Perhaps the most renowned of the corporate gurus, Peter Drucker, once admonished all of his companies to make sure that they do not exceed a CEO-to-worker pay ratio of 10 to 1. He said anything beyond that would be destructive to the workforce and to the society. As was said earlier, it's no longer a 10-to-1 ratio, it's not 20-to-1, it's not 40-to-1, it's not 100-to-1, it's not 200-to-1, in some cases it's 1000 and more to 1—and there's something fundamentally wrong when this happens. And it affects not just the workforce of those companies, but the whole economy.
So I'm here to say that I'm happy to be part of what really, in its essence, is a non-partisan bill. It's a non-partisan bill that gives corporations the opportunity to choose to lower their tax rates by simply accommodating the advice of Peter Drucker years ago and making sure that the disparity is diminished and that we're more fair to the economy and help to rebuild the middle class.
No one expects a single appeal like this to have earth-shattering consequences. No one expects this bill, by itself, to reverse the trend of increasing income inequality. What's more, even some progressive economists question if it's the way to go in the first place.
“I'm a little troubled by trying to do this through the tax code,” said Dean Baker, co-director of the Center for Economic Policy and Research. “It will be very hard to get good numbers on full CEO compensation.”
Both Reich and DeSaulnier point to Dodd-Frank's provisions for CEO pay disclosure, to be implemented by the SEC and posted on its website. But, as Think Progress noted, this is not without problems:
A Securities and Exchange Commission rule requiring publicly owned companies to disclose their pay ratios was finally approved in the fall, but it leaves companies substantial wiggle room in how they calculate the median worker’s compensation. The rule requires only disclosure and features no monetary incentive or penalty to curb pay ratios.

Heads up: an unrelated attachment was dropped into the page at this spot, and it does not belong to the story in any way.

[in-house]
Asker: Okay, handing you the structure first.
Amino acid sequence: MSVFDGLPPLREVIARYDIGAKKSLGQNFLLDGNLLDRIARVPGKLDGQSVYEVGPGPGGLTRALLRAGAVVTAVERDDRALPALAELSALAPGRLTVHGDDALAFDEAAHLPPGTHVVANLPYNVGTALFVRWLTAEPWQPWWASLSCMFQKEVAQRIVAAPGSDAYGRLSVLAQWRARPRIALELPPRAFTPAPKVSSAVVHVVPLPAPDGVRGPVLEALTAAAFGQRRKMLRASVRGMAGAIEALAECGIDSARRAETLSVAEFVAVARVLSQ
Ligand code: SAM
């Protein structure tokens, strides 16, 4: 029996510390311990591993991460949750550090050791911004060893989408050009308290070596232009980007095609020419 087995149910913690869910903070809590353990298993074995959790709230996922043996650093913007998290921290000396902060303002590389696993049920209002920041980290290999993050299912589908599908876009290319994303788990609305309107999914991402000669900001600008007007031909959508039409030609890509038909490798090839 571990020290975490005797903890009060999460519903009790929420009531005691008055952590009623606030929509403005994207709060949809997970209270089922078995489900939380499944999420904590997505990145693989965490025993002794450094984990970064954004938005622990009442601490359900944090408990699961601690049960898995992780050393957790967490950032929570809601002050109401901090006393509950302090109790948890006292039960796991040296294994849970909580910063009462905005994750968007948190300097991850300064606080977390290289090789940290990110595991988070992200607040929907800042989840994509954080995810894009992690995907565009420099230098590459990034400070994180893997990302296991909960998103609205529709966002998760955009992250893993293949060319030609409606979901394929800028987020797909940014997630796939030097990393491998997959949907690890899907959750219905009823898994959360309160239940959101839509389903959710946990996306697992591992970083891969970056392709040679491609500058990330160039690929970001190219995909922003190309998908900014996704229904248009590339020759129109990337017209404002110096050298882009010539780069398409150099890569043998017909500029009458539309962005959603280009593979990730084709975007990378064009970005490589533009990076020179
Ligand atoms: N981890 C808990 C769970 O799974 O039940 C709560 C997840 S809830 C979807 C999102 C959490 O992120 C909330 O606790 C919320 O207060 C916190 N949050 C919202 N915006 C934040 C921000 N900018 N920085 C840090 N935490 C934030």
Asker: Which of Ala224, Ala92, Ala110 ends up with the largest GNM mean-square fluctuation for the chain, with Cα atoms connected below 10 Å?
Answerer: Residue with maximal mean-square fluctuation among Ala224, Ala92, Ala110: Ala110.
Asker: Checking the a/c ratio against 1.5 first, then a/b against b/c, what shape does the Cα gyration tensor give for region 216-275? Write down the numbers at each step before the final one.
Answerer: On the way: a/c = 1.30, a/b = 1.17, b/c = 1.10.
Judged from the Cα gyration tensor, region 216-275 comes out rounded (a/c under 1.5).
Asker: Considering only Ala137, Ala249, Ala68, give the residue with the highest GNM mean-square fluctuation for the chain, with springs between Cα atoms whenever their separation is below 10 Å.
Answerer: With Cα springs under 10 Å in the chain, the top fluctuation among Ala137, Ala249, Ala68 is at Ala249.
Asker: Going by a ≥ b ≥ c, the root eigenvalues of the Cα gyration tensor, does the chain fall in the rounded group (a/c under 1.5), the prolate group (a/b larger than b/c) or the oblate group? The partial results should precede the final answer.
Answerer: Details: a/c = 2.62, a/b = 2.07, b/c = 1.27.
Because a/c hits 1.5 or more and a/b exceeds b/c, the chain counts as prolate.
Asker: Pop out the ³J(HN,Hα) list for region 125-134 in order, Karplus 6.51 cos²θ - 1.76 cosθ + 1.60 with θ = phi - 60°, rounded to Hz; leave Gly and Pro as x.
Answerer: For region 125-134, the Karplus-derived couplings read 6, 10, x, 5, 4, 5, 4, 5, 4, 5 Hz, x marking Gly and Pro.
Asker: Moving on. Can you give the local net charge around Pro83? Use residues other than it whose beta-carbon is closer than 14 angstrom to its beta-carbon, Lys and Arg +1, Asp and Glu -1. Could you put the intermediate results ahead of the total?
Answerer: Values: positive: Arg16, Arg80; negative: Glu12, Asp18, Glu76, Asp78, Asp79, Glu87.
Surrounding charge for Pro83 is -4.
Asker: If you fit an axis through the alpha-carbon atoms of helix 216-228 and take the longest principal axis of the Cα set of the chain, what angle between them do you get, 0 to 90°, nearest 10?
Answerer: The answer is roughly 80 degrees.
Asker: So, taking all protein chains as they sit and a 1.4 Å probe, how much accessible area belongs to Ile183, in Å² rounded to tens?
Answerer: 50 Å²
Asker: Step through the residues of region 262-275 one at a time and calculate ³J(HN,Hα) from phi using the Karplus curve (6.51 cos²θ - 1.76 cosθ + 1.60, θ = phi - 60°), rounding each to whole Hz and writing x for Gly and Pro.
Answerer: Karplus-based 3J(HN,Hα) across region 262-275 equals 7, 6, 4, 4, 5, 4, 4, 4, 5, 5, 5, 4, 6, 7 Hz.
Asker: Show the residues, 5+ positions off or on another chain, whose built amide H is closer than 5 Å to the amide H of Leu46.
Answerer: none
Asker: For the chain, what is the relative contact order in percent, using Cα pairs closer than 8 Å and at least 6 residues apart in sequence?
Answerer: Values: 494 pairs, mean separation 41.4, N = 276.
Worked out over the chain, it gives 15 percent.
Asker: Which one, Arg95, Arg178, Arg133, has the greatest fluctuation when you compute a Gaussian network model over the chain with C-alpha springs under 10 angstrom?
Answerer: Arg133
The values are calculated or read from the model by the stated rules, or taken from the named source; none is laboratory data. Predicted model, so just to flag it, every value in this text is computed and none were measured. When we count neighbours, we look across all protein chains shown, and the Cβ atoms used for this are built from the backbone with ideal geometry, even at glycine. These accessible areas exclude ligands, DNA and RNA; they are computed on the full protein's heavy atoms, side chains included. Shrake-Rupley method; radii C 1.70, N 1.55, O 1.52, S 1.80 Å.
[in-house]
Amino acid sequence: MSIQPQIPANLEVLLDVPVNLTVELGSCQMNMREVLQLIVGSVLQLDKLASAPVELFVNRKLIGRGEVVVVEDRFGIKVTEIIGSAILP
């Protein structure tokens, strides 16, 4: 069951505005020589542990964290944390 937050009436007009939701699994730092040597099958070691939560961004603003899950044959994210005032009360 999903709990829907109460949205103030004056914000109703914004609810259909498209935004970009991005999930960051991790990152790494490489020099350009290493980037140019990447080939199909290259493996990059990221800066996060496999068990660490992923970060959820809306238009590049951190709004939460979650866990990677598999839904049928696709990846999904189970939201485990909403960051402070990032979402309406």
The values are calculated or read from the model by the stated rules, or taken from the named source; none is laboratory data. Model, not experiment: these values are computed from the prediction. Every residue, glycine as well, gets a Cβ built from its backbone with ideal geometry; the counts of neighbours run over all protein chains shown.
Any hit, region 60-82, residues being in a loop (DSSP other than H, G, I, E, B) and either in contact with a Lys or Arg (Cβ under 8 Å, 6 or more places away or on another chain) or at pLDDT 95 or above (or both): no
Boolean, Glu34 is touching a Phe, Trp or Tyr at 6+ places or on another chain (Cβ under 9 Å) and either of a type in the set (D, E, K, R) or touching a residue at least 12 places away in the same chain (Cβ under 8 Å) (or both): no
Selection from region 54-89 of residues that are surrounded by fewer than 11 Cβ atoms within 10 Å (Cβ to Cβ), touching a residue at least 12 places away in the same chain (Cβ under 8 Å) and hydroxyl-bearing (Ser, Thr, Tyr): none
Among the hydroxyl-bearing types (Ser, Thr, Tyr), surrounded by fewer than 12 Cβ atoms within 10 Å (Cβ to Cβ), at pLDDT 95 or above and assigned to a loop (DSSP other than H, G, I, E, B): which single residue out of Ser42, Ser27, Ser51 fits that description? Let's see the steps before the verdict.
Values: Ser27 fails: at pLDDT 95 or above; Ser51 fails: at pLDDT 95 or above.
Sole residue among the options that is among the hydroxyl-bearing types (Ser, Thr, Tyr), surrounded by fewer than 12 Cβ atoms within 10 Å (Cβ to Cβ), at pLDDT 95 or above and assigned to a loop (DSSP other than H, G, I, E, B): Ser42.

On the other hand, DeSaulnier also said that California's Franchise Tax Board could get involved if the SEC figures prove problematic -- but that would entail additional costs and bureaucratic overhead, which he hoped to avoid.
Baker also raised another key concern: “Also, if this is in the form of ratio, then companies will just game it and contract out low-paid work.” The bill has provisions to address this as well, DeSaulnier noted. These include counting contracted employees in the calculations, as well as a 50% tax increase for companies that dramatically shift from full-time U.S. employees to to contracted and foreign full-time employees. If more adjustments prove necessary, he's prepared to make them.
Overall, Baker prefers another approach: “I would much rather see measures that empower shareholders to put a lid on CEO pay. One possibility would be to zero out directors' pay if a CEO pay package is voted down in a Say on Pay shareholder vote. This would give directors serious incentive to ensure that their pay packages were reasonable.”
But given the nature of the EPIC Caucus—and the possibility of others following its lead—there's no reason that both approaches can't be pursued in tandem, and no reason the current bill can't be improved with better information going forward.
The fact that an organized structure now exists to nurture such thinking and generate laws as a result—that is something that could really start moving America back toward a state of broadly shared prosperity, this time with all races and ethnicities included. It's something that every legislature in America should consider creating for itself. And something every citizen can help agitate for.